The Keruru Comes to Town

Today I wanted to share with you all something which has given me much joy in these uncertain times. I have always loved our New Zealand native pigeon,  the Keruru. Years ago when I was living away from the town they were a common sight. I loved their antics and their beauty. Unfortunately they have been on the decline but here in the top of the south, there have been a number of sightings and it seems like they are returning.

I decided several years ago to plant some tree lucernes or tagasaste.  The pigeons (keruru) love to nibble on the leaves and flowers of this tree and can eat them all year round. What was so exciting for me…was, that during lock down when the traffic was minimal, and along with many other birds, the keruru came to town and to my  garden. The reason I was excited was because I planted these trees a couple of years ago hoping they would bring the pigeons.  And they did!

The keruru, along with flocks of other native and introduced birds, fantails, green and other finches, sparrows, tahou or waxeyes, plus blackbirds and starlings, were a frequent sight though lockdown.  (See photo above for the keruru). Also to my delight, a number of Black morph South Island fantails arrived. ( See photo below). One bird, the weka, which has also been in decline and had recently been seen in this neighbourhood for the first time in years,  disappeared. Perhaps the competition was too much for him.


I still see them all but not in such large numbers. Fortunately the pigeons continue to  drop in for a chat. They drop in and I chat. They seem quite happy with that. During lock down, they also had an uncanny talent for doing flybys and flyovers when I was most in need of their special presence. Another pleasure was the the jollity of the  smaller birds who would swoop past unexpectedly close as if they were playing and I think they were.  Sadly they have retreated to normal behaviour now.

If you too like native pigeons  and live in NZ I recommend growing tree lucerne. I have seen quite a few of the smaller birds feeding off it as well, and it regenerates quickly.  For more information about NZ birds go here.

To find out about caring for keruru I recommend a look at Project Keruru Dunedin. 

NZ birds online are the source of the last two photos. 

I will be back with more poems soon. Be safe and well.

Tuesday Poem – Cow – by James Norcliffe

He is learning language.

He points.


The table is a cow.

The plate is a cow.

The book is a cow

with a cow on the cover.

The fridge magnet is a cow.

The fridge magnet is a picture of a cow.


And then I see I have it all wrong:


The cow is a table.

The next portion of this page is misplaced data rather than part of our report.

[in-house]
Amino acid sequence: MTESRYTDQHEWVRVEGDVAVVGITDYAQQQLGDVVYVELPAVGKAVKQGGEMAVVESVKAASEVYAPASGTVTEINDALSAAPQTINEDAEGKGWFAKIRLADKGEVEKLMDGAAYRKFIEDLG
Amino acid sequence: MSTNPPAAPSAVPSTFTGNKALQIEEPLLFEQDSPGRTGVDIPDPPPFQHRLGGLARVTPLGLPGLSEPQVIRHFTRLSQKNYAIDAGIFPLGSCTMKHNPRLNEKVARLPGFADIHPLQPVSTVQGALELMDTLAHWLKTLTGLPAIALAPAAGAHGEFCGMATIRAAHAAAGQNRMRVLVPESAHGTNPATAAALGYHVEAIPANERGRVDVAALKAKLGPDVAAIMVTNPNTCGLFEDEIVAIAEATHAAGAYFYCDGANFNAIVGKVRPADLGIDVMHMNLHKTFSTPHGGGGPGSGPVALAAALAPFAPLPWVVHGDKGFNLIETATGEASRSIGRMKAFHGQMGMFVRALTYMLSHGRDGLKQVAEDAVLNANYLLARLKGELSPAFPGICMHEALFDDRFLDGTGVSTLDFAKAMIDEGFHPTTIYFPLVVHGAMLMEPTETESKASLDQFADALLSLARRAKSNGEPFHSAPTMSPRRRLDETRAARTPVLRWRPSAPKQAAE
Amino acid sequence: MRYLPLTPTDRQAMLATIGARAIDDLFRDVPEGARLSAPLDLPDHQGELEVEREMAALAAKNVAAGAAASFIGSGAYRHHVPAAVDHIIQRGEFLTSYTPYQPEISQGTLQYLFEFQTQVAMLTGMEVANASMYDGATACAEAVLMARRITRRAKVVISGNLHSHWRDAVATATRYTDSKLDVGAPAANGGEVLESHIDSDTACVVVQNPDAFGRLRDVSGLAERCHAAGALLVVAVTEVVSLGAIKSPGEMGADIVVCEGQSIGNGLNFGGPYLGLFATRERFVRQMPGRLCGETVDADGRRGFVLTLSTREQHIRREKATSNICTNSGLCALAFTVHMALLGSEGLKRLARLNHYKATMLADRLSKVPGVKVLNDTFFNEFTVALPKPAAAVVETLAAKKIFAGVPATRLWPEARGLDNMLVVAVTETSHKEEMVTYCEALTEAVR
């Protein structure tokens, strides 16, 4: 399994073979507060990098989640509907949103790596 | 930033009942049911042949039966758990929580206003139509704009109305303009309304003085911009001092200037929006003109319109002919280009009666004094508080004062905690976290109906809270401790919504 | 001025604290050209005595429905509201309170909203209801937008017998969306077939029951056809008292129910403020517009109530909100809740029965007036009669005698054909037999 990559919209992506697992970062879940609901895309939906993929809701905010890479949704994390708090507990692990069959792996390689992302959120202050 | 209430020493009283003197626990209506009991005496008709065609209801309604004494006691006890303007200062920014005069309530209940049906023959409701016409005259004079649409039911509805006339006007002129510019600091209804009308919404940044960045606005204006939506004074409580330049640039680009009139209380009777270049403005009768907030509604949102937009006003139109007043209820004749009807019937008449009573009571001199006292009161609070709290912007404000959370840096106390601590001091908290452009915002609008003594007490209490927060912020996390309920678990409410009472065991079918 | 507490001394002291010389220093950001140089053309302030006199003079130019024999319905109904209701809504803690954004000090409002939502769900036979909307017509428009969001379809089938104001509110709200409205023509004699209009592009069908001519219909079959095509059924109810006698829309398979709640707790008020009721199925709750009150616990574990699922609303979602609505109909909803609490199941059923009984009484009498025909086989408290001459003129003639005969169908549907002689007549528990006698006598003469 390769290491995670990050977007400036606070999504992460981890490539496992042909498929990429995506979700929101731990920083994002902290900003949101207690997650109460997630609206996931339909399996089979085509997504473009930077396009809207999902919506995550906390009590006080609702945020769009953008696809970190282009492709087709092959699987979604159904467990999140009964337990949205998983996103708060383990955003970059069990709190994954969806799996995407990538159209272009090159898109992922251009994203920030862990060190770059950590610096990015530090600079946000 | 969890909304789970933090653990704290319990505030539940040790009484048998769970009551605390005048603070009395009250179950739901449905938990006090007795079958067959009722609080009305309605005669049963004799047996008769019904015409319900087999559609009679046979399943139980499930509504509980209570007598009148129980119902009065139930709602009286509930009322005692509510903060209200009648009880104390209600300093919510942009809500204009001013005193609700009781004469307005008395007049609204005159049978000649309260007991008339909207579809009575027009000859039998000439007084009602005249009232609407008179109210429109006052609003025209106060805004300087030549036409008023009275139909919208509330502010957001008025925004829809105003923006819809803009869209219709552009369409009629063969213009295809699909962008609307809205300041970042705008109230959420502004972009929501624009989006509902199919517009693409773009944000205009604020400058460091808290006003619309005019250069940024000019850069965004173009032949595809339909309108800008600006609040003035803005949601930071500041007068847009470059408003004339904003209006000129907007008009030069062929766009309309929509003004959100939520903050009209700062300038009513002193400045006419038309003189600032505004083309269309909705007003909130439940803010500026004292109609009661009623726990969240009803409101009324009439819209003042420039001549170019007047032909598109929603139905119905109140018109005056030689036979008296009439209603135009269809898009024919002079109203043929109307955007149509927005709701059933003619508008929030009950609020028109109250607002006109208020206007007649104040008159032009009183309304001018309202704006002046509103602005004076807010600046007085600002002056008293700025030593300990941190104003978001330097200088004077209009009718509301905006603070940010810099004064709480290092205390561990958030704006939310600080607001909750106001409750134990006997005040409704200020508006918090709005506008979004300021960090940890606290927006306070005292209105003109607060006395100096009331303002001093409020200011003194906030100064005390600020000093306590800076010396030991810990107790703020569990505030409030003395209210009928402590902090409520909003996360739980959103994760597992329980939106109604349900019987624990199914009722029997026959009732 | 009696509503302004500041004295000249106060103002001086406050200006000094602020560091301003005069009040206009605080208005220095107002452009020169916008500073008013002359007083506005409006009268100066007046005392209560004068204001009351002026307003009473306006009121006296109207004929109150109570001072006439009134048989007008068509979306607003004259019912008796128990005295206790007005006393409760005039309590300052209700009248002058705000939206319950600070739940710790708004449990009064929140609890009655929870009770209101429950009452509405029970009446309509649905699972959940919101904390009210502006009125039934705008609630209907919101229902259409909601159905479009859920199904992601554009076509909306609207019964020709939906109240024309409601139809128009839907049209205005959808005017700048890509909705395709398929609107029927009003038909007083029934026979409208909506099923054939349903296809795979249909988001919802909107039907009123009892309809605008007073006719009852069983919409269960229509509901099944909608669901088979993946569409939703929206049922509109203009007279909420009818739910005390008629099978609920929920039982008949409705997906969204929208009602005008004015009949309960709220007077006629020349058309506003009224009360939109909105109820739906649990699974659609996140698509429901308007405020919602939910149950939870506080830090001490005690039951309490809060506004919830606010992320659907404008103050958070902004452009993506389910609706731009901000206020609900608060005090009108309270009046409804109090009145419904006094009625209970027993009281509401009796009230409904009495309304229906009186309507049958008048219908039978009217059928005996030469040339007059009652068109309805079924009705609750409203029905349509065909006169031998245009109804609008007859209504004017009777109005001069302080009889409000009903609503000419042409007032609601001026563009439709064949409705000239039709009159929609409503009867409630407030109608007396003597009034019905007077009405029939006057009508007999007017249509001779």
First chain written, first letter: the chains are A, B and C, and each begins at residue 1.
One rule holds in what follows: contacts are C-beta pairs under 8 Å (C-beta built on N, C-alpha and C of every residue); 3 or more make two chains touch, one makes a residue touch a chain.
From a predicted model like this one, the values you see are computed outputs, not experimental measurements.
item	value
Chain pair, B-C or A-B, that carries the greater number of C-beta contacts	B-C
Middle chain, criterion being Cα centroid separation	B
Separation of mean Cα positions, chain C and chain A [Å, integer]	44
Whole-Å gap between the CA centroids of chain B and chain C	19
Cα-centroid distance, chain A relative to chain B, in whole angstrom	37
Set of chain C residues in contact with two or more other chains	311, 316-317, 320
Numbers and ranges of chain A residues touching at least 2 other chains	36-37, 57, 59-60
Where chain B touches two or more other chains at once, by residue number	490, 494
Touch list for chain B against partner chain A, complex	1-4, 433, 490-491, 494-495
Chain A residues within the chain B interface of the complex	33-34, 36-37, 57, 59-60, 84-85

The cow is a plate.

The cow is a book.

The fridge magnet is a cow.


And he wants to tell Papa

And he wants to tell Mama

He is pointing at a table,

A plate and a book.

He is pointing at a cow

stuck on the fridge.

The cow is a fridge magnet.

The fridge magnet is a cow.


The fridge is a large white cow.

The large white cow is a fridge.

(c) James Norcliffe

As you might have guessed family is important to James. He and his wife, Joan Melvyn, have two children, Tom and Elizabeth, and three grandchildren. One aged 7 lives in Christchurch and the other two in the UK: one 5 and the other 2 and a half.  It was Sebastian, the youngest, who inspired this poem.

James says: The poem is probably self explanatory, but I might add that small children not only sometimes get intoxicated by language and individual words and that they often make us re-think the logic of things we take for granted. In this case a little like the surrealist Magritte’s painting of a pipe – The Treachery of Images – which included the words ceci n’est pas une pipe (this is not a pipe).

Magritte said: “The famous pipe. How people reproached me for it! And yet, could you stuff my pipe? No, it’s just a representation, is it not? So if I had written on my picture “This is a pipe”, I’d have been lying!”

James Norcliffe was born in Greymouth. His family moved to Christchurch when he was young, and apart from periods spent in China in the late 1980s and Borneo in the 1990s, he has always lived in or near Christchurch. As well as family, he also has a great love of gardening and trees.

While James has always been a teacher, he has also been a writer and editor for many years. He has published a collection of short stories called The Chinese Interpreter, ten collections of poetry, and ten novels for young adults, including the award-winning The Assassin of Gleam and The Loblolly Boy. James has been involved with Takahe magazine and has had a long and continuing involvement with the Christchurch School for Young Writers. Currently he is an editor for the on-line journal Flash Frontier….A new children’s novel Malory, Malory or the Revenge of the Tooth Fairy will be published by Puffin this year and his first adult novel will come out from Penguin Random House. To read more go here

Thank you for sharing this previously unpublished poem with us James. I love the logic of Sebastian’s  thinking.  Children …what would we do without them?

To my readers, I hope you are doing well in lock down,wherever you are. I also hope that in NZ it goes on for longer than four weeks. I don’t see how we can get rid of the virus otherwise. Multiple blessings Be safe be well, be kind to yourselves and each other. Helen